More and more people are living longer. But living to extreme old age is unusual and tends to run in some families. A new study, supported by the National Institute on Aging (NIA), part of the National Institutes of Health (NIH), aims to learn more about the secrets to long healthy life, and investigators are seeking long-lived families to help study this important question.
In coming weeks, researchers in three regions - near Boston, New York and Pittsburgh - will be contacting older people to see if they and their families might be eligible and willing to participate in the Long Life Family Study. The study is looking for families with two or more healthy brothers and sisters who have lived to old age and can be interviewed in person.
"We're interested in finding out why some families age so well,"said Winifred K. Rossi, deputy director of NIA's Division of Geriatrics and Clinical Gerontology and the NIA program official for the study. "By sharing information about their lives and families with us, participants may help improve the health of future generations - including their own children and grandchildren - by giving us clues to the secrets of healthy longevity."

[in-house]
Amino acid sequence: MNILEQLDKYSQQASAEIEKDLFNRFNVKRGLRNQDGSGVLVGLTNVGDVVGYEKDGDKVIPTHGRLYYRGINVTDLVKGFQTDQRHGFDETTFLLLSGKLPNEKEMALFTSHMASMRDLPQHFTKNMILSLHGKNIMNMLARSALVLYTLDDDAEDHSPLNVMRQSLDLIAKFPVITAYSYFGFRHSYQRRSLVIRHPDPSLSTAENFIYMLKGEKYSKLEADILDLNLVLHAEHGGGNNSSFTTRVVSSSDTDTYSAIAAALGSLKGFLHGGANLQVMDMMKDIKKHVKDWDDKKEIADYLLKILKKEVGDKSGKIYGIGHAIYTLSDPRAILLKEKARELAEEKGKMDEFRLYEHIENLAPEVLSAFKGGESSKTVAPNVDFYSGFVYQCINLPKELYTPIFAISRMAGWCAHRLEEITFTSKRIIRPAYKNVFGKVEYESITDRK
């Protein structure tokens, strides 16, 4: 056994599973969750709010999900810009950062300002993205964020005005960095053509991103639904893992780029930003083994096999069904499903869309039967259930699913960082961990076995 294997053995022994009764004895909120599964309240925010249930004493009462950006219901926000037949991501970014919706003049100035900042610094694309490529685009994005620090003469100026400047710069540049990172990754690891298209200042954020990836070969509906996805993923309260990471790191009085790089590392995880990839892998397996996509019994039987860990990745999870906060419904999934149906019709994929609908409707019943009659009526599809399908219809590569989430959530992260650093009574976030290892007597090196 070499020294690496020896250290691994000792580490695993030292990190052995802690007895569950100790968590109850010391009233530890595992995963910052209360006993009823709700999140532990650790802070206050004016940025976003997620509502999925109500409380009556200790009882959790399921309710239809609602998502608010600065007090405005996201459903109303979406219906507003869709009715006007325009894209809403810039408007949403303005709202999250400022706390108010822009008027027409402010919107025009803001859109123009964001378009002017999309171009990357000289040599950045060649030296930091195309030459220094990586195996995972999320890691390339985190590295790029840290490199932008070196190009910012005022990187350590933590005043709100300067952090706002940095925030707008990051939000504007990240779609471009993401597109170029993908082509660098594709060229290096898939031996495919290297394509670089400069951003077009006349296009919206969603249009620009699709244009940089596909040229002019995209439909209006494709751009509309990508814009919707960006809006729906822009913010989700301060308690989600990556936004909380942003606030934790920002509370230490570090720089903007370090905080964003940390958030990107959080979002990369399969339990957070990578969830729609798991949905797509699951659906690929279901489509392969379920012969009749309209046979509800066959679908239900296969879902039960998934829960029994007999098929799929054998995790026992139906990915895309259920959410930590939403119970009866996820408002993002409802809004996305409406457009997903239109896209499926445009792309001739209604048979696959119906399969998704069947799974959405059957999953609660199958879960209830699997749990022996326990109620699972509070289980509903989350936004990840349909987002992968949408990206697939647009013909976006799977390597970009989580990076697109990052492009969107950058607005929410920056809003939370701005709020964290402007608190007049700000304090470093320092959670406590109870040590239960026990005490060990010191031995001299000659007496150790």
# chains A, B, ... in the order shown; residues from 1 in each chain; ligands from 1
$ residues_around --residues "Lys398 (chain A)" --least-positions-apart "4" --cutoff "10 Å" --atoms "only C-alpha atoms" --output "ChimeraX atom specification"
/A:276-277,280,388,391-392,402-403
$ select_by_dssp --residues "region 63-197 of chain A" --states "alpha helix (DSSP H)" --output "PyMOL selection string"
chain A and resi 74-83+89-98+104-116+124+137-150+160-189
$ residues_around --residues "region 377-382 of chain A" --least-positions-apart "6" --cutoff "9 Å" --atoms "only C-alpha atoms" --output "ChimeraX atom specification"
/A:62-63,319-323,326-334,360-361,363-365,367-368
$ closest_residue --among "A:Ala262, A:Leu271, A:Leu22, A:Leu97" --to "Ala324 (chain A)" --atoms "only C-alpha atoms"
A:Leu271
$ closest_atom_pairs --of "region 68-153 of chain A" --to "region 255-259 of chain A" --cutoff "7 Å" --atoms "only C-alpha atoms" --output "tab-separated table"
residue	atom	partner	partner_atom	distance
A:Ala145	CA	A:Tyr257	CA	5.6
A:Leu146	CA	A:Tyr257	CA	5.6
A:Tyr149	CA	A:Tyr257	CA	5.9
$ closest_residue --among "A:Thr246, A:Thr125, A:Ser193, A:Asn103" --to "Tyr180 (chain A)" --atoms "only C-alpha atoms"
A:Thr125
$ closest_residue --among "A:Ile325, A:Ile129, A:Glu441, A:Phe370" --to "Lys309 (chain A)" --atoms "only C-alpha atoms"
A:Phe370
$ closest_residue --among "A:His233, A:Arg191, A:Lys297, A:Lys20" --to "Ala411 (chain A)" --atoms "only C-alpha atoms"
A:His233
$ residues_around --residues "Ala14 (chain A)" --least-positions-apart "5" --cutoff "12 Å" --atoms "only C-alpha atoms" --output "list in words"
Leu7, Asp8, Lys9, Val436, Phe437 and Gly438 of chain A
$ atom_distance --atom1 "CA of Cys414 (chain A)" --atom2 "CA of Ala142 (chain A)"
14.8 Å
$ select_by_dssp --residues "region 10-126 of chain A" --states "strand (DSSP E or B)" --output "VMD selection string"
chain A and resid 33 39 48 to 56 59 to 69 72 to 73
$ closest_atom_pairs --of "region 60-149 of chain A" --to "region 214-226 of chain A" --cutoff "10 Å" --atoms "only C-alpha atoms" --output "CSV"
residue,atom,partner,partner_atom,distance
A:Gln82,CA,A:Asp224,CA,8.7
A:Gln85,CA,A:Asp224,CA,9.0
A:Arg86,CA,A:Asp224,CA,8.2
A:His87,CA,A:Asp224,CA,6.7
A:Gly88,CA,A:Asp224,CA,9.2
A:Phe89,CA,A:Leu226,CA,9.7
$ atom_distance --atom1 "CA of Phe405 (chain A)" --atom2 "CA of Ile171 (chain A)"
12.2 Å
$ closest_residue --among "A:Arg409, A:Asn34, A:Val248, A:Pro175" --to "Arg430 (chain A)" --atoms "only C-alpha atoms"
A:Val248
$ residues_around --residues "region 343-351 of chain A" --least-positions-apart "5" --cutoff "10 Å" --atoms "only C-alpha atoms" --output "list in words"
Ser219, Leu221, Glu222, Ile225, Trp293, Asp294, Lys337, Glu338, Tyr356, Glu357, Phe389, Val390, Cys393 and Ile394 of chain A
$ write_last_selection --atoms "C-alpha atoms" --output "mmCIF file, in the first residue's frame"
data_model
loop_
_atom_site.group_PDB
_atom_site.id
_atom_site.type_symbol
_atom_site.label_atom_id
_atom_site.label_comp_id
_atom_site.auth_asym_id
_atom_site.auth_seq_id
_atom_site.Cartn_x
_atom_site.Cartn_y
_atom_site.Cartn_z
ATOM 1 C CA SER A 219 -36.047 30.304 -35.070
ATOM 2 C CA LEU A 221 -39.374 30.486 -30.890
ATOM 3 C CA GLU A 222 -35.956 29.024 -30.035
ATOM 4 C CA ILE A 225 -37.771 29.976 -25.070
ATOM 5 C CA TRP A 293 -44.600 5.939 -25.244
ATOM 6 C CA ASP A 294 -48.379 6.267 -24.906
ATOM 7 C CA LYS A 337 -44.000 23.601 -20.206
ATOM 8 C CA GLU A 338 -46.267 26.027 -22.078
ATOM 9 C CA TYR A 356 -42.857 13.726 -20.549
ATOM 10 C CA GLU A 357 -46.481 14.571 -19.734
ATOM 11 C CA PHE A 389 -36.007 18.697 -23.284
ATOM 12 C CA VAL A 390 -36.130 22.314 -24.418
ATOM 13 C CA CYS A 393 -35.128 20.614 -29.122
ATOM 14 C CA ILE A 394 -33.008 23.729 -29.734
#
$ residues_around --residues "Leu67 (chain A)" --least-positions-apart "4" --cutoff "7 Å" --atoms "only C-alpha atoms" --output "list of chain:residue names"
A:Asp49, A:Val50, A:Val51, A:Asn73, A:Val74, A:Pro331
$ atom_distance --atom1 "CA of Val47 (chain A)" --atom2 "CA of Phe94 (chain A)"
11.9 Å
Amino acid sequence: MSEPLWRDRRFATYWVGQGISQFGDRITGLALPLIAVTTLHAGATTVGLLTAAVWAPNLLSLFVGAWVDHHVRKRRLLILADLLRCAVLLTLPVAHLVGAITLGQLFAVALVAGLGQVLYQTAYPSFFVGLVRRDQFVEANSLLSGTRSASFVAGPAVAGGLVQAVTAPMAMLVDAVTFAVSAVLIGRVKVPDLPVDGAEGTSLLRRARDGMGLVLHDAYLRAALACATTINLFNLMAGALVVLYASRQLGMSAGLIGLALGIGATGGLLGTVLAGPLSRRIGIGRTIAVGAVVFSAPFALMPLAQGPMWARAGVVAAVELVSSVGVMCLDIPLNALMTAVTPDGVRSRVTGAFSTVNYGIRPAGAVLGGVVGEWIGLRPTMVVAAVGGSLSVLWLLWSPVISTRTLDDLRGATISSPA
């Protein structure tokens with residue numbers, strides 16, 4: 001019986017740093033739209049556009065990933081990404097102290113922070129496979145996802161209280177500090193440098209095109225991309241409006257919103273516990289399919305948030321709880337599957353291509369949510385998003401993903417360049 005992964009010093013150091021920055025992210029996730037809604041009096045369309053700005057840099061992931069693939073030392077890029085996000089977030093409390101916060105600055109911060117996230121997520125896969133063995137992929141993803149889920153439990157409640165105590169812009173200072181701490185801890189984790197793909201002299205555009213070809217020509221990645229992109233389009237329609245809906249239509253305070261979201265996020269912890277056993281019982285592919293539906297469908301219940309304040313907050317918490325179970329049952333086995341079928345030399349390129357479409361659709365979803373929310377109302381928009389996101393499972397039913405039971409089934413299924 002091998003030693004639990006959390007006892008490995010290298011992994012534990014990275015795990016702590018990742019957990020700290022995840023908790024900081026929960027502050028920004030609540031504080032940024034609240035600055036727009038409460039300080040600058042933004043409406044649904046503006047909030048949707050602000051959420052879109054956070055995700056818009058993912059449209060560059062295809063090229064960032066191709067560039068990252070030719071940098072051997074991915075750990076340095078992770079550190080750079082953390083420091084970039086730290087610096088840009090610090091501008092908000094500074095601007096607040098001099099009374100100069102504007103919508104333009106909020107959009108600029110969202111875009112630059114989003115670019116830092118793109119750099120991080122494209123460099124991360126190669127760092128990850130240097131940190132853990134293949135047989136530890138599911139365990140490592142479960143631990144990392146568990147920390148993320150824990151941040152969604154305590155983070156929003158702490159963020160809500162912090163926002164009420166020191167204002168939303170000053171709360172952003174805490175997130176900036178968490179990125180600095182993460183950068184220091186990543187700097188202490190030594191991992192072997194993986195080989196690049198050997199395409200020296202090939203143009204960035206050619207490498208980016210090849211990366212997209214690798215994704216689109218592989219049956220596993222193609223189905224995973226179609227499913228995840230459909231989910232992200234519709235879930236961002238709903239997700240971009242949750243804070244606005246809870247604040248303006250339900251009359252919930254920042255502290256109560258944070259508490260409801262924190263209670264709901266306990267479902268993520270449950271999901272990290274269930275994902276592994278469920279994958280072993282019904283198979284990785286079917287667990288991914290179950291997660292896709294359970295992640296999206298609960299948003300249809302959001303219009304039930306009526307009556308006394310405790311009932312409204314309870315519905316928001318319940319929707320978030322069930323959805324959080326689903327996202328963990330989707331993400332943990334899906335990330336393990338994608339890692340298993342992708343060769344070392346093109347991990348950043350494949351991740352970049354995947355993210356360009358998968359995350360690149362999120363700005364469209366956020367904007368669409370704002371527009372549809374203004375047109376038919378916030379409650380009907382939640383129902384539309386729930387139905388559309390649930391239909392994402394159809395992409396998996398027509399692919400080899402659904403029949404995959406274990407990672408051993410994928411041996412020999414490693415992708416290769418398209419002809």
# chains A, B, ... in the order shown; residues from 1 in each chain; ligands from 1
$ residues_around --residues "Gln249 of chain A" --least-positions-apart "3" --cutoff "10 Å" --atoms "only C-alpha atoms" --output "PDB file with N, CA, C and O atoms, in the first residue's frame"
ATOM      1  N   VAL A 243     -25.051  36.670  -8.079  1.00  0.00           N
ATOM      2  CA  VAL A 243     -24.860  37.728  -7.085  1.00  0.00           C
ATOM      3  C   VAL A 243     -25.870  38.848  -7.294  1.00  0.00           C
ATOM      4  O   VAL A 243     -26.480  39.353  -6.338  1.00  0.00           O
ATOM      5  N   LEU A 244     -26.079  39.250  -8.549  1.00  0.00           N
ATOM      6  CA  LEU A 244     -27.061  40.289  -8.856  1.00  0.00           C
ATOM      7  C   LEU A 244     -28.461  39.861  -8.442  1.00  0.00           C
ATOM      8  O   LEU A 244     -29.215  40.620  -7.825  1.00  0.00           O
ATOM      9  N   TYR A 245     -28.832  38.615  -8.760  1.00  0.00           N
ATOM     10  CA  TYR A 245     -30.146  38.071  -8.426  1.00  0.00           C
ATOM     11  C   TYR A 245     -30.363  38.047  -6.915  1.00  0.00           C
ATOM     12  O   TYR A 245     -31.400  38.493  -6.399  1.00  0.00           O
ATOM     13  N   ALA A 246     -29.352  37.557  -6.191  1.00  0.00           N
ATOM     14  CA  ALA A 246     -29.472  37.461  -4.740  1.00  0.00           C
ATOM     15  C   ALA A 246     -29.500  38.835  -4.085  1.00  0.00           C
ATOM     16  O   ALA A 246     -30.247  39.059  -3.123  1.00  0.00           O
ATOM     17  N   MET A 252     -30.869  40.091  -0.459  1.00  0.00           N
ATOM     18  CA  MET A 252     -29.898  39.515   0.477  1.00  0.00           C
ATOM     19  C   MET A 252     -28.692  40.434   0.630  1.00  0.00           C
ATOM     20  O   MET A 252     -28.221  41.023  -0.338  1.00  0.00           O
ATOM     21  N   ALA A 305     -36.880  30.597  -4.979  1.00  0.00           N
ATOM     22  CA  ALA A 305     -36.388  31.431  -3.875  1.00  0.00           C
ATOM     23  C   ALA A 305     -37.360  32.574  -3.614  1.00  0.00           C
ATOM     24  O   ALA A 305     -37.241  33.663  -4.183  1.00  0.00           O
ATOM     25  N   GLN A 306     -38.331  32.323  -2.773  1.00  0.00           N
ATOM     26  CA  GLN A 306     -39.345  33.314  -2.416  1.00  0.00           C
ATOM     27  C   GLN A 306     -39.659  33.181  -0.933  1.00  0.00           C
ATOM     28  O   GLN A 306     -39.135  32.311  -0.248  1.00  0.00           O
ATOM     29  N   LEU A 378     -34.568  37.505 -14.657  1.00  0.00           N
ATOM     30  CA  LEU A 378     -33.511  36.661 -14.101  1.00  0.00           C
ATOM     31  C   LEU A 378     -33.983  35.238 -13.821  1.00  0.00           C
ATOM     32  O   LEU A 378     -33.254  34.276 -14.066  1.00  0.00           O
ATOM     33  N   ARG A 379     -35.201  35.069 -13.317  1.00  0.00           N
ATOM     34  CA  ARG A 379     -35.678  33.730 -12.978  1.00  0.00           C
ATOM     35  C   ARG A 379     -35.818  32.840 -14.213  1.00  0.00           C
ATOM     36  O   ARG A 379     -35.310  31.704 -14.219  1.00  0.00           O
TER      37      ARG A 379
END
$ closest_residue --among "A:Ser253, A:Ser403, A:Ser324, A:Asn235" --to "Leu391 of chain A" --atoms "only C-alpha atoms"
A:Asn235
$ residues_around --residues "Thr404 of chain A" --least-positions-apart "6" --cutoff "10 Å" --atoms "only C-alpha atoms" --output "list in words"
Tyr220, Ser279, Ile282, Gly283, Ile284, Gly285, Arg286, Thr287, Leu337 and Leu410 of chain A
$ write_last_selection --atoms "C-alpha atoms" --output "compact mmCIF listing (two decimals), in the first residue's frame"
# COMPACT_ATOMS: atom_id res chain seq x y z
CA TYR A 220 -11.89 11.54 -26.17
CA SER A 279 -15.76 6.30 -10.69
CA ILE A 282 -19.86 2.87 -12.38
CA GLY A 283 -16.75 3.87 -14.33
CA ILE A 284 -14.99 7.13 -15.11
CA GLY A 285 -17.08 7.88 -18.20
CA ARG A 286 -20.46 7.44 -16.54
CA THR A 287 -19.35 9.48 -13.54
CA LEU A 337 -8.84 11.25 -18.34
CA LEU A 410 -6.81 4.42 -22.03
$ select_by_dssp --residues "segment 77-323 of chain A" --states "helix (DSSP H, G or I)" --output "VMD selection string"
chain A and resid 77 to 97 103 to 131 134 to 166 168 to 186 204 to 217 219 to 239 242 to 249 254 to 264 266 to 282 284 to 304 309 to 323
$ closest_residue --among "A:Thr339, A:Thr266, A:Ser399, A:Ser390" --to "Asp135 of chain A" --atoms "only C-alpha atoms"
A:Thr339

"We aim to enroll as many families with as many long-lived members as possible,"Rossi continued "The more families and the larger the size of each family enrolled, the better the chance we can find meaningful results. We are seeking study participants primarily from the regions near the three study centers, but we have the ability to interview participants' family members who live in other parts of the country so that their information can be included."
Trained clinical staff will meet with study participants in their communities to ask questions about their family and health history and conduct some physical assessments and health screening tests. Participants will also be asked for a small blood sample to obtain genetic information. Genetic and health information will be kept strictly confidential. Investigators plan to stay in touch with the families to determine if other family members and their children live longer than usual.
The current study recruitment builds on efforts during an earlier phase of the research, in which several hundred families took part. It is critical to include a large number of additional families so that the most thorough analyses can be done. "The families who have so generously given of their time so far have told us that they are proud of their long-lived families and are happy to be part of this effort,"Rossi noted. "We are most appreciative of their time and of their interest - and that of future participants."The study's lead researchers, prominent in longevity and genetic research, are: